“Ah! my dear lady”—it was the gentleman with the crumpled collar— “you novelists are always girding at the precious quality of conformity. The sadness of our times lies in this questioning spirit. Never was there more revolt, especially among the young. To find the individual judging for himself is a grave symptom of national degeneration. But this is not a subject—”
“Surely, the subject is of the most poignant interest to all young people.” Again all the young ones raised their faces and moved them slightly from side to side.
“My dear lady, we are too prone to let the interest that things arouse blind our judgment in regard to the advisability of discussing them. We let these speculations creep and creep until they twine themselves round our faith and paralyze it.”
One of the young men interjected suddenly: “Madre”—and was silent.
“I shall not, I think”—it was the lady speaking—“be accused of licence when I say that I have always felt that speculation is only dangerous when indulged in by the crude intelligence. If culture has nothing to give us, then let us have no culture; but if culture be, as I think it, indispensable, then we must accept the dangers that culture brings.”
Again the young people moved their faces, and again the younger of the two young men said: “Madre—”
“Dangers? Have cultured people dangers?”
Who had spoken thus? Every eyebrow was going up, every mouth was drooping, and there was silence. The boy stared at his companion. In what a strange voice she had made that little interjection! There seemed a sort of flame, too, lighted in her eyes. Then the little grey-bearded man said, and his rather whispering voice sounded hard and acid:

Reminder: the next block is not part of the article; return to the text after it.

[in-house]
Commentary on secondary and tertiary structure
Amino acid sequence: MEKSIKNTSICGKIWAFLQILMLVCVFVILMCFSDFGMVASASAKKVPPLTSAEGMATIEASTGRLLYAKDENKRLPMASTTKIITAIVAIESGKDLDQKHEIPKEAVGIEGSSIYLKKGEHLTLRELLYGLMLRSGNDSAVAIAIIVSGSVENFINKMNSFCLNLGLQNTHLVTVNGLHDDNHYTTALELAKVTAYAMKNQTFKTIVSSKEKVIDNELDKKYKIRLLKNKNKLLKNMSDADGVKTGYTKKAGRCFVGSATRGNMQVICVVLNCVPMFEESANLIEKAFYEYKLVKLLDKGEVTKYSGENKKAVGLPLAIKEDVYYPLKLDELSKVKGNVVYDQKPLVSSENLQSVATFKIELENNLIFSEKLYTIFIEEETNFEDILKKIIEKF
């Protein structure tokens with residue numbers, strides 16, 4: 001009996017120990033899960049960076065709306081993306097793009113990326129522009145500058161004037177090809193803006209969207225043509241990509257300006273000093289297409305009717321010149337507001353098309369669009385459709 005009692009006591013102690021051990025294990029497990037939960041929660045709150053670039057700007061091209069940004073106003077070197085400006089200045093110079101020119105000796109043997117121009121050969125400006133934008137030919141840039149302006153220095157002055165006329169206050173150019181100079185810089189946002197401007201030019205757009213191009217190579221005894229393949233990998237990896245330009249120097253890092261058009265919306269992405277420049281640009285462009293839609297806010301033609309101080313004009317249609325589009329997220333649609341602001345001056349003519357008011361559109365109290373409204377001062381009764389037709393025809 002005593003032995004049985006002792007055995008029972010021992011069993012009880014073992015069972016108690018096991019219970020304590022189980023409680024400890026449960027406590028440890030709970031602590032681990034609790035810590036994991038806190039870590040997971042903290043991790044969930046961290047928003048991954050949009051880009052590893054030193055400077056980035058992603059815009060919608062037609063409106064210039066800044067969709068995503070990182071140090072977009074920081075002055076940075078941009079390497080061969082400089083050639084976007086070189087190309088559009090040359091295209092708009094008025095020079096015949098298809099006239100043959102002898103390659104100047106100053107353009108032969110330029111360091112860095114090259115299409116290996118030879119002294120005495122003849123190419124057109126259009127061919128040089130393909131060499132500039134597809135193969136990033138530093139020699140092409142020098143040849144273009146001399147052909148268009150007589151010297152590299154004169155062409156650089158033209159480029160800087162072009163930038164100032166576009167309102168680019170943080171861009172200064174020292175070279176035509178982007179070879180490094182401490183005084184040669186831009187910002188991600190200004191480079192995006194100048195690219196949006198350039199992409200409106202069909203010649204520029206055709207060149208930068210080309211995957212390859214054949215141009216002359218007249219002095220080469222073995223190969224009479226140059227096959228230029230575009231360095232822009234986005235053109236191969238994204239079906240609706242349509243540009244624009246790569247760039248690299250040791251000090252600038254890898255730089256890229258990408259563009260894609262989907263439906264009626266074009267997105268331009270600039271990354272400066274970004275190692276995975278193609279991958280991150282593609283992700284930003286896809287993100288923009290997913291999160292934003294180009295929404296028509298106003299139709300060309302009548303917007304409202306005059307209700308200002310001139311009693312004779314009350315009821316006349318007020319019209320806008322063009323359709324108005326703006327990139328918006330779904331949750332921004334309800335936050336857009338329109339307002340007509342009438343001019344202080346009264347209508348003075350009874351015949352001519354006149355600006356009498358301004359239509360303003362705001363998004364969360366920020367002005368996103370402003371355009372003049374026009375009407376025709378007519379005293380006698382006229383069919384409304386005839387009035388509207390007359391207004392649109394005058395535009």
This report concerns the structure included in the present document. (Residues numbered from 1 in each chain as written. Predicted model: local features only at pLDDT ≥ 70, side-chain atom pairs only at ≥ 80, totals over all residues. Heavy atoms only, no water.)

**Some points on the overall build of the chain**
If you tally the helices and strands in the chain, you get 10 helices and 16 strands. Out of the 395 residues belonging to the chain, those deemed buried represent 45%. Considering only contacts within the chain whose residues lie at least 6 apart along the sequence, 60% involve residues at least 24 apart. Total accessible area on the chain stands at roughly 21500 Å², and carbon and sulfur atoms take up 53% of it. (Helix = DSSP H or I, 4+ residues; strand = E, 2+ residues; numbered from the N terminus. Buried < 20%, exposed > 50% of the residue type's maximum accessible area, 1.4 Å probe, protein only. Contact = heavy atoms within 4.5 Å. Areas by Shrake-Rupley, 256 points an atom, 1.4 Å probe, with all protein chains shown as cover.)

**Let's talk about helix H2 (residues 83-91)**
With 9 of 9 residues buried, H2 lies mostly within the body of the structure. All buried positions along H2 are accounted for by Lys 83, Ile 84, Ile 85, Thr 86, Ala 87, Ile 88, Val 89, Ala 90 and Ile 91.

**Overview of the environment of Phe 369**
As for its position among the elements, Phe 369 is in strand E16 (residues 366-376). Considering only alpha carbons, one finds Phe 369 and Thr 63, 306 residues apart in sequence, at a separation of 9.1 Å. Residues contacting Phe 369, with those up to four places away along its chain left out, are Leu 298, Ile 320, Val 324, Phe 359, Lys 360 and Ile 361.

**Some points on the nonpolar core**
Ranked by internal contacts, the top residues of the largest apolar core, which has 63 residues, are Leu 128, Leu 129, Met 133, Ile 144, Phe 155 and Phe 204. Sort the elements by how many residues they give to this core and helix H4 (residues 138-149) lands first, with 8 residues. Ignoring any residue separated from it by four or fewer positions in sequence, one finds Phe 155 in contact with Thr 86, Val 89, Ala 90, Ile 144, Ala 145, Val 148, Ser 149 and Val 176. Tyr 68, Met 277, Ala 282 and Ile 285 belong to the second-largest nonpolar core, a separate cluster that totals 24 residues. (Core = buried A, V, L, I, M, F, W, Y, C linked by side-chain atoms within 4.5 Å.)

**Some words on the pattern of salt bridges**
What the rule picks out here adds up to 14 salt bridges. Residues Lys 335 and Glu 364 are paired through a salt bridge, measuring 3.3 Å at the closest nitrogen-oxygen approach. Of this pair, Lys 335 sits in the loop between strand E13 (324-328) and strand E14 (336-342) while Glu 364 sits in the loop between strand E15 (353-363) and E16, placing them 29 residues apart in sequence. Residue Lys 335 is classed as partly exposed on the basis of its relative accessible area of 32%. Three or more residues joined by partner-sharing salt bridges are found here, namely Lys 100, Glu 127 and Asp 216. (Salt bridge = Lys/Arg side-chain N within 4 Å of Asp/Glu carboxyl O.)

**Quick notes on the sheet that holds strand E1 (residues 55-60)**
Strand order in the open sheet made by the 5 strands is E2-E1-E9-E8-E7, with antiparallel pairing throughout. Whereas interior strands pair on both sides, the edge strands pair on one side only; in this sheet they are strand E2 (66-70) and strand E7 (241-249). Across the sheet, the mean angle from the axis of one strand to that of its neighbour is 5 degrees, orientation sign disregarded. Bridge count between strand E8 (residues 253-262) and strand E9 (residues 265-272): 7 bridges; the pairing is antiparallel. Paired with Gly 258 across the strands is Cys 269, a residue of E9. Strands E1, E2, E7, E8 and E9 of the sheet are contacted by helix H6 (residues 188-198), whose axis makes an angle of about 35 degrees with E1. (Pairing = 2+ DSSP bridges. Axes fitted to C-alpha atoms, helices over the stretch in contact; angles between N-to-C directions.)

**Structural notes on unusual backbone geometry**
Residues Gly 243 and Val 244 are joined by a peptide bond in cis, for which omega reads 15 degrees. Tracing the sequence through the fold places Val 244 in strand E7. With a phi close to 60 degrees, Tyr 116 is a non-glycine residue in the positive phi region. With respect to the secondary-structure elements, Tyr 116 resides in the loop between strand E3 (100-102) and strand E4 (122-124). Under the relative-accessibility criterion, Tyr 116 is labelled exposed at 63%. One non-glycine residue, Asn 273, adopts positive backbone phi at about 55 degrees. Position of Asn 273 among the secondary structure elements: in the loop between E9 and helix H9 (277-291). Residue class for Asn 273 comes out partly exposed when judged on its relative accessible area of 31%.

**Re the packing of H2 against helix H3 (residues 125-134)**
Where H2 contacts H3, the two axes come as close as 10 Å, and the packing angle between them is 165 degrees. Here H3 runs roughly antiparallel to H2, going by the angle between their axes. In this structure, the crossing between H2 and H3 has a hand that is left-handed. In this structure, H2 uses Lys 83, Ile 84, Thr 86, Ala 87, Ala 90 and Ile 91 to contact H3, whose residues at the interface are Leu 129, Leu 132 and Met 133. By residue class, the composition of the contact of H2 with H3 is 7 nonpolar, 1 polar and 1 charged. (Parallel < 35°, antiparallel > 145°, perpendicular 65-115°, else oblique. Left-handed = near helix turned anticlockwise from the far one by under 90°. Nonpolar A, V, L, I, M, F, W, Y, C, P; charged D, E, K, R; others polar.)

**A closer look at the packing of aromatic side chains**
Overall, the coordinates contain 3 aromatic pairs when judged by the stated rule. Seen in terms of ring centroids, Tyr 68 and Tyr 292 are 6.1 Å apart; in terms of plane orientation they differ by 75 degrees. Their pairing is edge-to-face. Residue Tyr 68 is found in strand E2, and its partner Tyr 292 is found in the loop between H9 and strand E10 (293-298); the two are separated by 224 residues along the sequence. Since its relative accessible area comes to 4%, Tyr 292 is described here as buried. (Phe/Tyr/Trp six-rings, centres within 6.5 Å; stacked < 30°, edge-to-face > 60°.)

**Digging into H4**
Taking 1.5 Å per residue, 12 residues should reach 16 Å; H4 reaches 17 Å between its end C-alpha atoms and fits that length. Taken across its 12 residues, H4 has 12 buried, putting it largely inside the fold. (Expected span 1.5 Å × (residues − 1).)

“We are all human, my dear madam.”
The boy felt his heart go thump at Anna’s laugh. It was just as if she had said: “Ah! but not you—surely!” And he got up to follow her towards the door.
The English party had begun already talking—of the weather.
The two walked some way from the ‘hut’ in silence, before Anna said:
“You didn’t like me when I laughed?”
“You hurt their feelings, I think.”
“I wanted to—the English Grundys! Ah! don’t be cross with me! They were English Grundys, weren’t they—every one?”
She looked into his face so hard, that he felt the blood rush to his cheeks, and a dizzy sensation of being drawn forward.
“They have no blood, those people! Their voices, their supercilious eyes that look you up and down! Oh! I’ve had so much of them! That woman with her Liberalism, just as bad as any. I hate them all!”
He would have liked to hate them, too, since she did; but they had only seemed to him amusing.
“They aren’t human. They don’t feel! Some day you’ll know them. They won’t amuse you then!”
She went on, in a quiet, almost dreamy voice: